Most Denver school districts to close buildings, begin “remote learning” to slow coronavirus spread

(Promoted by Colorado Pols)

Coronavirus By CDC

Coronavirus, from the Center for Disease Control. Image Free to use or share

Most Denver area school districts will close buildings for “in-person” education, starting next week on Monday, March 16, in order  to slow the spread of the coronavirus. Jeffco, Aurora, and Cherry Creek public schools will effectively start spring break a week early, from March 16 until March 27, 2020. Denver Public Schools, which has at least two students diagnosed with coronavirus, will be closed March 16 to  April 6.

Jeffco Schools will “transition to a Remote Learning Plan”; buildings will close March 16 to the 20th, and administrators will re-evaluate when to re-open after spring break ends on March 27. Jefferson County Schools was the last of the major Denver metro districts to announce a closure at 8 p.m. Thursday, March 12. Earlier that day, Jeffco canceled all sports activities, as have most other school districts.

Transition to remote learning 

Technically, the extra weeks of closed school buildings aren’t  a complete school closure , as most  schools will  conduct classes online before and after the posted spring break, which is traditionally the last week of March. Modern students at all grade levels are accustomed to accessing their assignments through Google Classroom, or similar online learning platforms, so it won’t be as much of a transition as one might think. And graduating seniors who are willing and able to access their class content online can still graduate on time.

Contact your own school district for more information.

CPR News has the story.

School closures will be a calamity for many families

For low income families without internet access or smartphones, for “at-risk” students who depend on school as the one predictable and safe place in their chaotic lives, for parents of very young children who have no affordable childcare available, for severely disabled children whose families depend on school services, closing schools will be a disaster.

Families will be scrambling to find childcare and supervision for young children. Teens may be left to fend for themselves, or be drafted to watch their siblings. Kids who rely on the free breakfasts and clinics provided in many school buildings will be left hungry or without medical care. Hourly employees – cafeteria and custodial workers, paraprofessional, substitute teachers like myself,  school bus drivers – will be missing almost a month’s pay, with no relief in sight. And of course, the education of thousands of local students will be drastically disrupted.

Children and youth usually don’t  get severe coronavirus symptoms, but can still spread the disease 

This catastrophic disruption for many Denver area families will probably be worth it; it is intended to save hundreds of lives in the community. For the children themselves, the risk is small- for reasons we don’t yet understand, Covid-19 (Coronavirus) is not generally fatal or severe in symptoms for youth under the age of 20. Although kids get sick, and are contagious, symptoms are usually mild.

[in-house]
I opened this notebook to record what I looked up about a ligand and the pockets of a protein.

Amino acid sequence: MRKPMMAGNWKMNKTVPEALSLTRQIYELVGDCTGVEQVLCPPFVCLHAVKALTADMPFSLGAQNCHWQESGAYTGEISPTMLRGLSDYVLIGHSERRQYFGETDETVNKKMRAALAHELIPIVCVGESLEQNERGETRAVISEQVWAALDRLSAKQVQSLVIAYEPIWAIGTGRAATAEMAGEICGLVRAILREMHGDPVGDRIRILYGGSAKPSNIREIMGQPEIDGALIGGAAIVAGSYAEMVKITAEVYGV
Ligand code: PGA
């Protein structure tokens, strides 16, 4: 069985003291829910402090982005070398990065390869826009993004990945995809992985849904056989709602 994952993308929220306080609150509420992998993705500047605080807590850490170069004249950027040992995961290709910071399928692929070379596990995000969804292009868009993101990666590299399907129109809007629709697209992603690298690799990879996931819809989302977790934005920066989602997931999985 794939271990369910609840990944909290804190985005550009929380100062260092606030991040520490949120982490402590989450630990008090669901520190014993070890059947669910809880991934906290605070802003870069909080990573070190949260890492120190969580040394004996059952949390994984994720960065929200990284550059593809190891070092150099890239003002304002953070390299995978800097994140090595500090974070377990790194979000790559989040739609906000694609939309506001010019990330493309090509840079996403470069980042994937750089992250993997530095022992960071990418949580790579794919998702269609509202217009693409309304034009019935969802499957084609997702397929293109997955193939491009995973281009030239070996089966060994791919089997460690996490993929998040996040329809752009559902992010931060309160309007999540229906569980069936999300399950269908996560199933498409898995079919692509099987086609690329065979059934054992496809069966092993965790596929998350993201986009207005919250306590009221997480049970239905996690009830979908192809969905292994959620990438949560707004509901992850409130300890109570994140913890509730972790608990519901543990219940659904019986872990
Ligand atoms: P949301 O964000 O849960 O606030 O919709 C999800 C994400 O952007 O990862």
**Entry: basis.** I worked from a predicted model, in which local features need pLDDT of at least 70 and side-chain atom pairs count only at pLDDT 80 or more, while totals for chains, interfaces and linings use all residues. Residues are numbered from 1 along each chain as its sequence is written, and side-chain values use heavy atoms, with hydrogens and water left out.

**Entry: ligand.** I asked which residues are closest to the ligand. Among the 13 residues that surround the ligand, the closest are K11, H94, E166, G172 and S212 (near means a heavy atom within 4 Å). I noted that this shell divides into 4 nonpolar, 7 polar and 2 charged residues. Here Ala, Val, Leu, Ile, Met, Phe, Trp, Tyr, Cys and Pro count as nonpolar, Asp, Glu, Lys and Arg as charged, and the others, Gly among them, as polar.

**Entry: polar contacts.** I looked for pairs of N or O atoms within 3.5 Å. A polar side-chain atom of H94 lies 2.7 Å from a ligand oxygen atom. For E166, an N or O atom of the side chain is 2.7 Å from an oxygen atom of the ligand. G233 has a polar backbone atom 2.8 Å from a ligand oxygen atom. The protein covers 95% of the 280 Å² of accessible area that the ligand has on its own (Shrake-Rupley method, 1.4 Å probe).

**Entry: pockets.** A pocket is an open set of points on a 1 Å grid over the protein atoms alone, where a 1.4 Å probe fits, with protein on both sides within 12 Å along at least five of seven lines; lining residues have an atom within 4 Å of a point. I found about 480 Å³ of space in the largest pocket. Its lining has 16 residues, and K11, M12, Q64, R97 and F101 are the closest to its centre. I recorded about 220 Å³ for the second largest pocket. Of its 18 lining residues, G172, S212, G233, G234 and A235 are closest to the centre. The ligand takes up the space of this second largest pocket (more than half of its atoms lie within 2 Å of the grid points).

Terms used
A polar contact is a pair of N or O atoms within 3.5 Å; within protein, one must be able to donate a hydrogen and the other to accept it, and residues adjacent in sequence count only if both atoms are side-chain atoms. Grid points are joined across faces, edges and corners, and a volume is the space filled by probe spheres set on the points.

China CDC , which dealt with the first outbreak of Covid-19, found that otherwise healthy children generally seemed immune from the worst effects of the virus.  But young people have and can and will spread the disease to their families and fellow students.

Closing the schools may keep  virus cases near Colorado’s current 130% growth rate, instead of the exponential doubling-every-day curve seen in China, Italy, and other hard-hit countries.

Coronavirus cases in Colorado

Colorado had 49 confirmed cases of Covid-19 as of March 12, 5 PM, according to the Colorado Department of Public Health and Environment (CDPHE). Last Monday, there were only nine cases. At this rate, we will have over 200 people diagnosed with  coronavirus infections in Colorado by the end of the month. Without closing schools, the virus could infect thousands more. So far, the coronavirus has been fatal for about 3% of those infected: mostly the frail, the elderly, people with respiratory or coronary disease, diabetes, or with compromised immune systems. See CDC for current information.

The number of confirmed cases will certainly increase as testing becomes more available. As of March 12, only 430 people had been tested for Covid-19, according to CDPHE.

Painful as it will be,  for me and many others, closing the schools for in-person classes for three weeks may save hundreds of lives. You don’t need an in-person class in a building to do that math.

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About kwtree

Retired teacher, aspiring writer, doting grandma. Nosy, curious, persistent.

2 Community Comments, Facebook Comments

  1. JohnInDenver says:

    A bit of extension —

    Today the Colorado High School Activities Association has suspended all activities and sporting events through April 6th.

    One co-curricular activity I help with is hoping to reschedule their last debate & speech tournament in mid-May, but is (properly) saying events will determine that possibility.  The national tournament held by the organization is cancelled — as is every other National forensics tournament for high school and college competitors that I'm aware of.

    Nationally, the positive test cases are increasing by about 30% per day.  Deaths attributed to COVID-19 are running about 2.5% of positive cases — a rate obviously worse than South Korea's 0.8%, much better than Italy's 6.6%.

  2. kwtree says:

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